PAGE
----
• In Germany there is at least one provider where you get those three servers for under 250‚ā¨ per months.
  • If you cannot effort 2*64GB servers you could have a look into the memory mapped settings but this is slower – maybe not that slow via SSD, not yet deeply benchmarked.
  • If you don’t need the speed up, e.g. if your routes are rather small or you want a personalizable request then you ‘only’ need 2*12GB of RAM. Or less for the memory mapped case, which could even make it suitable for world wide routing on your 64bit Desktop! (Okay, still you need the geocoding and tiles, but that is for another blog post ;))

World Wide Download

On the preparation server download the OpenStreetMap data for the whole world e.g. from here. Then do

 ln -s planet-latest.pbf planet-car.pbf
 ln -s planet-latest.pbf planet-bike.pbf
 ln -s planet-latest.pbf planet-foot.pbf

Import and Prepare

Still on the preparation server import and prepare the GraphHopper folders for car

 export GH_WEB_OPTS="-Dgraphhopper.osmreader.acceptWay=CAR"
 export JAVA_OPTS="-XX:PermSize=100m -XX:MaxPermSize=100m -Xmx28000m -Xms28000m"
 ./ import planet-car.pbf

Do the same for bike and foot . This process takes 1h for the import and 2 to 5h for the preparation – depending on the vehicle.

3. Move to Leaflet and GraphHopper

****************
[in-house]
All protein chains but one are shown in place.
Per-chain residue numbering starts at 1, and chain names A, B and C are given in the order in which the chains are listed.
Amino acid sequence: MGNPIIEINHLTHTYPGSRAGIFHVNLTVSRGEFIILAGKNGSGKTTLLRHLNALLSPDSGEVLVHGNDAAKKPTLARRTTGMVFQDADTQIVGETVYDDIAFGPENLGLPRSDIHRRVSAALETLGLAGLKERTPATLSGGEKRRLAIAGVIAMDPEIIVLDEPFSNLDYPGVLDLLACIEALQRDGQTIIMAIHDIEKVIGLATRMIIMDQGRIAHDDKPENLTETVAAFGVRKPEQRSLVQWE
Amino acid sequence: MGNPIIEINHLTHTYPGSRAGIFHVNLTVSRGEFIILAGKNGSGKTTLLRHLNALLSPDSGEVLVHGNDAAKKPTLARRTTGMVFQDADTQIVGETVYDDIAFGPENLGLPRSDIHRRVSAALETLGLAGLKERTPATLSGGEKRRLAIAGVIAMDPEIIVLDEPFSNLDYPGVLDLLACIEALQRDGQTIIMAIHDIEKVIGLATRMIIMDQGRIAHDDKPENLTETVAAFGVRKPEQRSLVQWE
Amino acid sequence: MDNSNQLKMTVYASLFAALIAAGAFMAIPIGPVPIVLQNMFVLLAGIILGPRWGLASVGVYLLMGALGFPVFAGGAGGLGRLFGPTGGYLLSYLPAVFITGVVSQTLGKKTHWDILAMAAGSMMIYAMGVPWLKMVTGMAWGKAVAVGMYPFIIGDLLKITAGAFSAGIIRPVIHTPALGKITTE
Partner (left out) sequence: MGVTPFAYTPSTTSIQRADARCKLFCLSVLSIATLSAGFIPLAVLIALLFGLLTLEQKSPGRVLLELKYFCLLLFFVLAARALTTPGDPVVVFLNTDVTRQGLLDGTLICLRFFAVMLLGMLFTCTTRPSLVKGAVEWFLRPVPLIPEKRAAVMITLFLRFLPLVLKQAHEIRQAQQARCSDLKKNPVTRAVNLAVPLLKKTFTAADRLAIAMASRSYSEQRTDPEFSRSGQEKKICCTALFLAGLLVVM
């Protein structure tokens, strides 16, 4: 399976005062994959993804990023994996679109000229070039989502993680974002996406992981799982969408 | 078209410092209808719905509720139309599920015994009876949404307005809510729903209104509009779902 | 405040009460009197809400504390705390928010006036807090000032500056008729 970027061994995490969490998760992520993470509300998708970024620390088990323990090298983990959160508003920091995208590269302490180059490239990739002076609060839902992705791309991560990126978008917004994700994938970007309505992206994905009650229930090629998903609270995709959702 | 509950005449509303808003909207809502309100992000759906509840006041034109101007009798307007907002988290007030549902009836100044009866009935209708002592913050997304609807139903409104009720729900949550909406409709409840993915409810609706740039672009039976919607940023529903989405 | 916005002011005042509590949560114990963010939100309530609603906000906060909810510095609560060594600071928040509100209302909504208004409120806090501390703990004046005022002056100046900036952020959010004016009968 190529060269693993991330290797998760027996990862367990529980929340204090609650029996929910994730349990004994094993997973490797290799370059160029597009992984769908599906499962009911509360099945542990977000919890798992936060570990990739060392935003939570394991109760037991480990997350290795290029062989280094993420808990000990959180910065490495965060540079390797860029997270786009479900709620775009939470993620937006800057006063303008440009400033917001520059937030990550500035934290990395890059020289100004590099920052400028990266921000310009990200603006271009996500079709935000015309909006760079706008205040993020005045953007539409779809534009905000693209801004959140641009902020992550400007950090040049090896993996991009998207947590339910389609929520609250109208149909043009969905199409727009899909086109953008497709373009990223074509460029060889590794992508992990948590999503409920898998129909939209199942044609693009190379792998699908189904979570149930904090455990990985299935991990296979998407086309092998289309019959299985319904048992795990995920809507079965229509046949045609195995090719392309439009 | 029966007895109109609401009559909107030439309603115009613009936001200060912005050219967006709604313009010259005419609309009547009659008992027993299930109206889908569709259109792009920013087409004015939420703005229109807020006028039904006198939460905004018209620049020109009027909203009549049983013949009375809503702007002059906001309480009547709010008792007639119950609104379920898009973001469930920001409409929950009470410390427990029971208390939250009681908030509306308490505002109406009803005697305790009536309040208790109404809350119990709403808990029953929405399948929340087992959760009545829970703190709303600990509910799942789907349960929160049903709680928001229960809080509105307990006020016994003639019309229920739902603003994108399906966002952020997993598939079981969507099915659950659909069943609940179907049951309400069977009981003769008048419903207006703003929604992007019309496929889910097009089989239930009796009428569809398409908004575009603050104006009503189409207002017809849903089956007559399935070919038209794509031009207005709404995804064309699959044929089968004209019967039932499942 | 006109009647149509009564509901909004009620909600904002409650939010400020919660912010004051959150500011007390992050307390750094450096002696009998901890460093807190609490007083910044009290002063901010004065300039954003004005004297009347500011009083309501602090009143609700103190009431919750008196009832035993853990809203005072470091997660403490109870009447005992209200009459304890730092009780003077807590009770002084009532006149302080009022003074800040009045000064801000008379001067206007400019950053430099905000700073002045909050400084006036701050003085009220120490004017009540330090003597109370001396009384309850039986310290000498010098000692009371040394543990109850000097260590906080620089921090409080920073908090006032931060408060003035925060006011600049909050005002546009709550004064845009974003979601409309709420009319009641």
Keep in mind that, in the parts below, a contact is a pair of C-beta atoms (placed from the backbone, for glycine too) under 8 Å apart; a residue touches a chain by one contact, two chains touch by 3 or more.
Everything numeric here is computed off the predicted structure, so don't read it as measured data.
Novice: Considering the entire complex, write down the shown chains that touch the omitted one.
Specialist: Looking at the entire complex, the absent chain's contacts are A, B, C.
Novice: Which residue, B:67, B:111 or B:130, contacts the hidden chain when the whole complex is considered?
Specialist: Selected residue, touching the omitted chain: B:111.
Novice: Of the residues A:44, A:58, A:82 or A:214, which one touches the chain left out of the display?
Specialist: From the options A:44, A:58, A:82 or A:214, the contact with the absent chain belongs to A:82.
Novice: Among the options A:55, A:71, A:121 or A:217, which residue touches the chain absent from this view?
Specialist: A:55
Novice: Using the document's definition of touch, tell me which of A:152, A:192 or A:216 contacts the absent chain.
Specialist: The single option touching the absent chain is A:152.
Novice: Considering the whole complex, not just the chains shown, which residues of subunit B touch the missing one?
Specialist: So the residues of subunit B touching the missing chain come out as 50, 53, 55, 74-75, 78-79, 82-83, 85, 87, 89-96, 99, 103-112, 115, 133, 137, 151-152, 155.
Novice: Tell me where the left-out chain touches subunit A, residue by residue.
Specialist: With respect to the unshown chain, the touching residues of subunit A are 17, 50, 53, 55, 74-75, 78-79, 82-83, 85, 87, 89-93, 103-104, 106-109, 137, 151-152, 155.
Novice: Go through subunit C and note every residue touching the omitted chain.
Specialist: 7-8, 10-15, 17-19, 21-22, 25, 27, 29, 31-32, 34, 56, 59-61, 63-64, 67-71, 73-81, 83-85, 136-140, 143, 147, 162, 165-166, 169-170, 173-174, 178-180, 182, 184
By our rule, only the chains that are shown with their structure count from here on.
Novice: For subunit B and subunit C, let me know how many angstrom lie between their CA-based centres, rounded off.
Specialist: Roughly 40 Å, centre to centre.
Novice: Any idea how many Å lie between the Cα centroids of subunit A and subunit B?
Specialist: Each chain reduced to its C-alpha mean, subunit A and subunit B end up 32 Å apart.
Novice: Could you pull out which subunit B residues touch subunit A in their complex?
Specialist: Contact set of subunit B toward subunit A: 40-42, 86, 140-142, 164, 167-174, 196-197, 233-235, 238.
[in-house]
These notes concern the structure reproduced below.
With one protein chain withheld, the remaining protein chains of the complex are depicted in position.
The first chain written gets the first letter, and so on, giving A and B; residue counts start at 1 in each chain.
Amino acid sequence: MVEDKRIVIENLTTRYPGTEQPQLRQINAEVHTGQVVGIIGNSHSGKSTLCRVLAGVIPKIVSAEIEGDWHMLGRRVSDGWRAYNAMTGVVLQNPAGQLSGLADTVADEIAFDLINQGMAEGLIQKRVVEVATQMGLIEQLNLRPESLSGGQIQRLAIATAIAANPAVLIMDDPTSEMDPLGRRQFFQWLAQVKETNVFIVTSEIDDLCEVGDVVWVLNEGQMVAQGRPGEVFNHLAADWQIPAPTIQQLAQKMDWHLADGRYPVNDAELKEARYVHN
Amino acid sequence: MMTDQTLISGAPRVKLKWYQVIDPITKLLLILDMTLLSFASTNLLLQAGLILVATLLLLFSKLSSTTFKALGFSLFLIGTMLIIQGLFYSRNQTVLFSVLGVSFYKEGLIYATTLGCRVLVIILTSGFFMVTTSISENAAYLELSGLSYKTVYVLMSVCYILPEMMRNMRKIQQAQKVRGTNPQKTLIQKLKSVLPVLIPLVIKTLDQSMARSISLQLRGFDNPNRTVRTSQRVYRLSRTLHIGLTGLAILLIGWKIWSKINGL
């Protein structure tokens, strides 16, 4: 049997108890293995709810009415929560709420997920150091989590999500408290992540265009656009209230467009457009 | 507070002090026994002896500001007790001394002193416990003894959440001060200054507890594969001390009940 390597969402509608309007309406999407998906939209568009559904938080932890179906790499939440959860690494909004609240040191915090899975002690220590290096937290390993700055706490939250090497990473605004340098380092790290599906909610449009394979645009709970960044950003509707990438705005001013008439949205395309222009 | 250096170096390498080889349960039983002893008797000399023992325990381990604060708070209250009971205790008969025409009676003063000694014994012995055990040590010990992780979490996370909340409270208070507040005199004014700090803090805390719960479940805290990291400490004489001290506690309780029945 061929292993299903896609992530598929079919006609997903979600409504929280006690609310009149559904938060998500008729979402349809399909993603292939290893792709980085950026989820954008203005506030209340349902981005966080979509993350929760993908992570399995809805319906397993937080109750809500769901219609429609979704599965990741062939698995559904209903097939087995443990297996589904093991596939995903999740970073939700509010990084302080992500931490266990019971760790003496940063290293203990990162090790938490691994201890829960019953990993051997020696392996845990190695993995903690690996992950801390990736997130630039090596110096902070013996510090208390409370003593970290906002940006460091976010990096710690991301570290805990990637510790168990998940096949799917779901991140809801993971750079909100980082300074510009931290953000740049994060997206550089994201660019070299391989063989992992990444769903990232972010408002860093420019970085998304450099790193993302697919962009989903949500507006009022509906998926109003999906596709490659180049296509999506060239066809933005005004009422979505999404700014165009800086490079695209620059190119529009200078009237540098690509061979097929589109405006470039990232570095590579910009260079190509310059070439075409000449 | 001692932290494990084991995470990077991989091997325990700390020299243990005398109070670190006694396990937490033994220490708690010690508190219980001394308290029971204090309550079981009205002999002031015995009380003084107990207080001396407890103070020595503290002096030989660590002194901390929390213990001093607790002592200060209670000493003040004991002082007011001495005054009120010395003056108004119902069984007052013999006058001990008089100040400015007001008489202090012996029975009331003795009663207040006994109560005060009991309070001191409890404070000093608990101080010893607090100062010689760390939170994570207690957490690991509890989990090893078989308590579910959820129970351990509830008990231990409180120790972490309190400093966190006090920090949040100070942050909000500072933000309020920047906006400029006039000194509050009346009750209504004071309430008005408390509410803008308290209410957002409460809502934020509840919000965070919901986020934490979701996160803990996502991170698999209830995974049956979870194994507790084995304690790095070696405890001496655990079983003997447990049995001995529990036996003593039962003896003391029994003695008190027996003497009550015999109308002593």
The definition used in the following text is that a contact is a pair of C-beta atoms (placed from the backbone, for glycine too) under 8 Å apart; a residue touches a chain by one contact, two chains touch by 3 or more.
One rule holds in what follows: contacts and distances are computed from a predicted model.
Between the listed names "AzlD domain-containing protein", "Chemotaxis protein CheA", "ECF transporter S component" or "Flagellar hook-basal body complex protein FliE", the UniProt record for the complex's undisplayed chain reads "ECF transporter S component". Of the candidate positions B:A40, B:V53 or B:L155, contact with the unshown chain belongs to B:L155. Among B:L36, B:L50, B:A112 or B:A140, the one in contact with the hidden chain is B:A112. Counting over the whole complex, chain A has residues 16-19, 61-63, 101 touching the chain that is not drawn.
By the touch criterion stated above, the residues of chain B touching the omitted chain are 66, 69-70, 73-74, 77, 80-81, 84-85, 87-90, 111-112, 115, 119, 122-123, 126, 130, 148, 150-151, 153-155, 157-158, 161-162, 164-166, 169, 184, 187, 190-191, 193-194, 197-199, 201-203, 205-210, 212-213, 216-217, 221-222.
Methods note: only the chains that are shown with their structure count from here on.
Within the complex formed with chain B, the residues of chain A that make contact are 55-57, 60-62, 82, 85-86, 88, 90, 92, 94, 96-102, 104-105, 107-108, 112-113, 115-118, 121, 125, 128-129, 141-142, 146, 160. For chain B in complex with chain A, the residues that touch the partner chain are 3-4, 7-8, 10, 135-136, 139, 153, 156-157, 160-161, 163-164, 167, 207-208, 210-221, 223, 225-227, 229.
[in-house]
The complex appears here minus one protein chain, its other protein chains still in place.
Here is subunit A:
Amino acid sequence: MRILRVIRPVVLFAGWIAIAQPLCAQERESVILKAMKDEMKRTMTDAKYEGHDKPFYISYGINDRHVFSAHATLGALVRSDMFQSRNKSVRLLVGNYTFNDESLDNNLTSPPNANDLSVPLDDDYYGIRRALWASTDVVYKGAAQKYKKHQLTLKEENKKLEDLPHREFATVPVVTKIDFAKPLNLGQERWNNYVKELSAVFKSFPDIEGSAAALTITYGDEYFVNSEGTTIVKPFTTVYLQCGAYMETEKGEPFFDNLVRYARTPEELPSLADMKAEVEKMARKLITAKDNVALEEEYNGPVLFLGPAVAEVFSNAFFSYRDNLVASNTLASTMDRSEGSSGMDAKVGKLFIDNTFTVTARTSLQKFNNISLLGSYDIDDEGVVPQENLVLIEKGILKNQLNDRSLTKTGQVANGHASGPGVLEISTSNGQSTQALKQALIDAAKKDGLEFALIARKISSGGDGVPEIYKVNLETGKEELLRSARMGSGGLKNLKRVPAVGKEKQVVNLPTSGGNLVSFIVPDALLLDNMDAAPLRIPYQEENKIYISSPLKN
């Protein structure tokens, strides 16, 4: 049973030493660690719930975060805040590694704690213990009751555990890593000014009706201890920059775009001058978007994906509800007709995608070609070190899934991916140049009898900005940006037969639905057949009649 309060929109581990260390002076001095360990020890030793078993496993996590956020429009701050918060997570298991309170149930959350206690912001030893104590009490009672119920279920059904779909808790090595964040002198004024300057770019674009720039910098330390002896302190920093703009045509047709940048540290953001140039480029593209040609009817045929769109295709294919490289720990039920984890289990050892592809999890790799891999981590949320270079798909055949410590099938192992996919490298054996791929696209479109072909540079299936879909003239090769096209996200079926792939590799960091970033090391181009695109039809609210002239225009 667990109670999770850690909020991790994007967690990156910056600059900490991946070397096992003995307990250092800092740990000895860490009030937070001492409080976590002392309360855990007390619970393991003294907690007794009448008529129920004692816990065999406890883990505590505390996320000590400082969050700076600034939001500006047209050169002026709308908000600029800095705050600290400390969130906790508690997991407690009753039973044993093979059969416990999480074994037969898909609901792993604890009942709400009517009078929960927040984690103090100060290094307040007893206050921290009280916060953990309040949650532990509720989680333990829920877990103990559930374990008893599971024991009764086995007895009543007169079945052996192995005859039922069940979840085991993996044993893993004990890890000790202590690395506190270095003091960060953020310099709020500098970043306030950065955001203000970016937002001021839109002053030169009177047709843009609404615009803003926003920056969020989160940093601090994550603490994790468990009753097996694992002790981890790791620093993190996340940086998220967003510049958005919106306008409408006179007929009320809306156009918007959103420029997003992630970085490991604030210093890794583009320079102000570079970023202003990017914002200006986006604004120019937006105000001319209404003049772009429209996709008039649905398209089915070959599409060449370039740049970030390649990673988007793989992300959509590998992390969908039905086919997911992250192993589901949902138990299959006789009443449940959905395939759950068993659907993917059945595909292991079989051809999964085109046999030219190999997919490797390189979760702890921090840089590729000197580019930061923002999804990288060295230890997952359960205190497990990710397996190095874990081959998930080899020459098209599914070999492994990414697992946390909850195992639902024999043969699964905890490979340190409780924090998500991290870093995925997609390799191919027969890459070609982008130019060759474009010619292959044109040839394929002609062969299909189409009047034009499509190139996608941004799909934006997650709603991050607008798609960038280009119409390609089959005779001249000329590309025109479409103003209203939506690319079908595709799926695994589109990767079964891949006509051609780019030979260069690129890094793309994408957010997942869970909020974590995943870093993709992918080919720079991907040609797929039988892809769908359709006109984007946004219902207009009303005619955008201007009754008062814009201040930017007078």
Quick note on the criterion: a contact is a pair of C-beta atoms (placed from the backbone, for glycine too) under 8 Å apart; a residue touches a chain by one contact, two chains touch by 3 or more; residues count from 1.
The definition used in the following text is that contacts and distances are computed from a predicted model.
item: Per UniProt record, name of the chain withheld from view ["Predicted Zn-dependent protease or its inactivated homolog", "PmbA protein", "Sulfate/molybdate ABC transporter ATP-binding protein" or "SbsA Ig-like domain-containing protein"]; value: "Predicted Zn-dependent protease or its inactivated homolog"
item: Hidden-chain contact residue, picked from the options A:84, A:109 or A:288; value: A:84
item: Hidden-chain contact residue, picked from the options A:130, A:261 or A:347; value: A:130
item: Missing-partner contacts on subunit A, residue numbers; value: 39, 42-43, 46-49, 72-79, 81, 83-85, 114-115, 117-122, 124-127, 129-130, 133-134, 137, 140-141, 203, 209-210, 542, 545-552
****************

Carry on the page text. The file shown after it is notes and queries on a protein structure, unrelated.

Finally your client code needs to move away from Google Maps. Have a look into this description how to handle leaflet in general and into our own code how to handle the routing. Vote +1 for this issue to avoid this work :). Additionally to JavaScript we also provide a pure Java API useful for in-app communication.


Although GraphHopper is not yet feature complete it can already offer a production ready road routing service which is also easy to set up. Furthermore GraphHopper won’t take high administration costs as it is already very robust and used under high load in some companies for several months. Last but not least GraphHopper is easy to customize and can satisfy a wide range of different business needs.

Releasing GraphHopper 0.2 – Further & Faster Road Routing!

Today we’re releasing version 0.2 of our Open Source road routing engine GraphHopper written in 100% Java.


  • All algorithms are faster due to bug fixes and fine tuning
  • A preparation is necessary for our optional speed-up¬†technique called Contraction Hierarchy. This preparation is also faster.


  • We finally fixed GPS-exact routing so you don’t have to workaround a junction-to-junction results

More exciting news will follow …

Have fun and try GraphHopper Maps with world wide coverage for pedestrians, cars and bicycles! You need support? Have a look at our enterprise options!


Free the Java Duke now and use it in Blender!

Duke, the Java mascot is a well known ambassador for Java. It is so important even Oracle still has a prominent site for it. The only problem is that the original source files can only be opened with a commercial application called lightwave3d.

For GraphHopper I took those files and created an OpenStreetMap variant with lightwave3d:


But I wondered why there is no possibility to use the files in Blender. Actually there is a plugin for Blender from Remigiusz to import the DXF files, but at the beginning it did not work for those none-standard files. So I contacted Remigiusz and the story begins. He not only improved his importer to make it working, but he invested hours to make a really nice Blender version for the Java Duke files!

Have a look:


The files are at Github! Thanks a lot again to Remigiusz!

Setup Mapnik From Scratch

THIS document is a work in progress.